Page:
- Outdoors, children see that a shadow’s shape, size, and position change over the course of the day as the sun’s position changes.
Language and Literacy
- Children become familiar with vocabulary words such as shadow, light, bigger, smaller, closer, and farther.
- Children see their words written on charts. They listen and “read” along as words are read back to them.
- Children listen to read-aloud books about shadows and explore books independently.
- Children practice emergent writing skills by recording their shadow observations through drawing, tracing, and “writing.”
- Children describe, measure, record, and compare the shapes and sizes of shadows.
Denise Nelson has been a teacher in the Worcester, Massachusetts Head Start program since 1994. She has used the PEEP Science Curriculum with the children in her classroom.
Thanks to Gay Mohrbacher, Senior Project Manager at WGBH Boston, who helped to develop and edit this essay with NAEYC staff.
By: Barbara Willer
Dr. J.D. Andrews
Few individuals have had a greater impact on NAEYC than Dr. J.D. Andrews. This post highlights some of J.D.’s many contributions that continue to benefit millions of young children, families, and early childhood professionals. We also invite those who remember J.D. to share their reflections in the comments below.
J.D. Andrews passed away on December 21, 2016, after an extended illness. One of the early childhood field’s great visionaries, JD began advising NAEYC on its Annual Conference in the late 1960s. He joined NAEYC’s staff in the early 1970s and served as chief operations officer with Dr. Marilyn M. Smith, who was then executive director, for nearly three decades. During JD’s tenure, NAEYC’s Annual Conference became one of the world’s largest educational gatherings. His vision led to the establishment of NAEYC Accreditation of Early Learning Programs, a process that provides a framework for high quality in early childhood programs and centers, spanning child care and early education, full-day and part-day programs. Under the leadership of JD and Marilyn, the association grew from approximately 20,000 members in the early 1970s to 103,000 members when they left the staff in 1998.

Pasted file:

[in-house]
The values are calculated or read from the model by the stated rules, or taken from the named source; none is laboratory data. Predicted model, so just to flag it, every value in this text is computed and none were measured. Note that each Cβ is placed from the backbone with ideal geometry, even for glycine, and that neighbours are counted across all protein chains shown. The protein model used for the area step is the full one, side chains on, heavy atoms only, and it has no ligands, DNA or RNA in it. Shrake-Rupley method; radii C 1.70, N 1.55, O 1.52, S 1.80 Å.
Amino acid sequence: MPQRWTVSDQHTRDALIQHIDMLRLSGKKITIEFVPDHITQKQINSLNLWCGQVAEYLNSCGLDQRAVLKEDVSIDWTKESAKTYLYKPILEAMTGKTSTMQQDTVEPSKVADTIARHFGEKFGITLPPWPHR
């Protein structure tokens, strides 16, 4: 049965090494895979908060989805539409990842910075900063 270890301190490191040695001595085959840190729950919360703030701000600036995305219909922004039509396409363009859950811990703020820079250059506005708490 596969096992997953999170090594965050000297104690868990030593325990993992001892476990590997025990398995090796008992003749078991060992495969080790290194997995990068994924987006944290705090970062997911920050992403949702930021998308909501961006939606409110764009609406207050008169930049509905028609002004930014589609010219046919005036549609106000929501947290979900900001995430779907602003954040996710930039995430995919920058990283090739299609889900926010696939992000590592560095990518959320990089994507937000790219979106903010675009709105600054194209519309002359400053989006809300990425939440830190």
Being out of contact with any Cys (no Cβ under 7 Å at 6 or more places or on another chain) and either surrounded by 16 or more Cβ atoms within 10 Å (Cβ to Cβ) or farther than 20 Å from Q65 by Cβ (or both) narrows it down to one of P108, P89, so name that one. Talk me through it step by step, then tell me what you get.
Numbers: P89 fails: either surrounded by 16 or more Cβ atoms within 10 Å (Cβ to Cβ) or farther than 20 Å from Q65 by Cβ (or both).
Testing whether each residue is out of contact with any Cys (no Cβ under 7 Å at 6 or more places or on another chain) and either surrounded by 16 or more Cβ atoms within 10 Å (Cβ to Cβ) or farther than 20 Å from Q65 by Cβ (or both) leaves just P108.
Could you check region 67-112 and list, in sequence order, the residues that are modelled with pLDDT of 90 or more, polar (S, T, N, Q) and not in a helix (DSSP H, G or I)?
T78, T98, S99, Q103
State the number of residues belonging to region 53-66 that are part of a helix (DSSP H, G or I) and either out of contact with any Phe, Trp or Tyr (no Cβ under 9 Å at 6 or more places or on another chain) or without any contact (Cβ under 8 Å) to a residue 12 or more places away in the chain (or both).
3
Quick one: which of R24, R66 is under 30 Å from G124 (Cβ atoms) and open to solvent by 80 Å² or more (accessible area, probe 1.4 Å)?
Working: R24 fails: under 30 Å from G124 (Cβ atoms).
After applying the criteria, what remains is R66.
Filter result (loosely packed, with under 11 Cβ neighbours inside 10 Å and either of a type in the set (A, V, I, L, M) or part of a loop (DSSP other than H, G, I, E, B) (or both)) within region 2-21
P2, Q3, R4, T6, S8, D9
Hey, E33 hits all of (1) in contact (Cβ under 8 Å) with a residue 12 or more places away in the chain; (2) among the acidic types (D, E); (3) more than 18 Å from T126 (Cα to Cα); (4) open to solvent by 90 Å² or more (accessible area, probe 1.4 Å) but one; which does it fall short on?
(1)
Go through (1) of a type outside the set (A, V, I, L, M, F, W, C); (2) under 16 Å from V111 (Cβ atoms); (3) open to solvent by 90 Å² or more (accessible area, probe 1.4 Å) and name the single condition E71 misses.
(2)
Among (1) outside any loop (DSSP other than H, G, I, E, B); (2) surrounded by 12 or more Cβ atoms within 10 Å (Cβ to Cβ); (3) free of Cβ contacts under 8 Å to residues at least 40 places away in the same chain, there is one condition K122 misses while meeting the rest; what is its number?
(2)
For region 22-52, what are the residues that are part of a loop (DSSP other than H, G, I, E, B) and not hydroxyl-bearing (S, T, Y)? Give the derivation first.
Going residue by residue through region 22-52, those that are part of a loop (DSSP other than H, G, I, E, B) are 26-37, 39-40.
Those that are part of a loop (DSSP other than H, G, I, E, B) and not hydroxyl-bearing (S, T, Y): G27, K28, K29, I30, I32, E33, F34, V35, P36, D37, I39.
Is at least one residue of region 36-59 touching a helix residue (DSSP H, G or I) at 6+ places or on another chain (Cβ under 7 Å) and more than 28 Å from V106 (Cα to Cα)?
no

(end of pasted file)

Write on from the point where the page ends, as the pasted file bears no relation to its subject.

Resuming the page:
In addition to his momentous work with NAEYC, JD worked closely with the Head Start community and was involved with training efforts when the program was first launched in 1965. He helped found the Council for Professional Recognition—NAEYC’s sister organization—in 1985 and served as its president for many years. Nearly 300,000 early educators, many of them Head Start teachers, received their Child Development Associate (CDA) Credential during his tenure.
J.D. Andrews served on numerous corporate boards and was a trusted leader in the Greater Washington Society of Association Executives, Professional Convention Management Association, and the National Coalition of Black Meeting Planners. He was a mentor to numerous association executives and meeting planners, and an advisor to multiple cities as they built new convention centers.
In 2011, he created the JD Andrews Foundation, whose mission is to develop world-class training to help early childhood professionals work effectively with young children to prevent diabetes, obesity, and related conditions.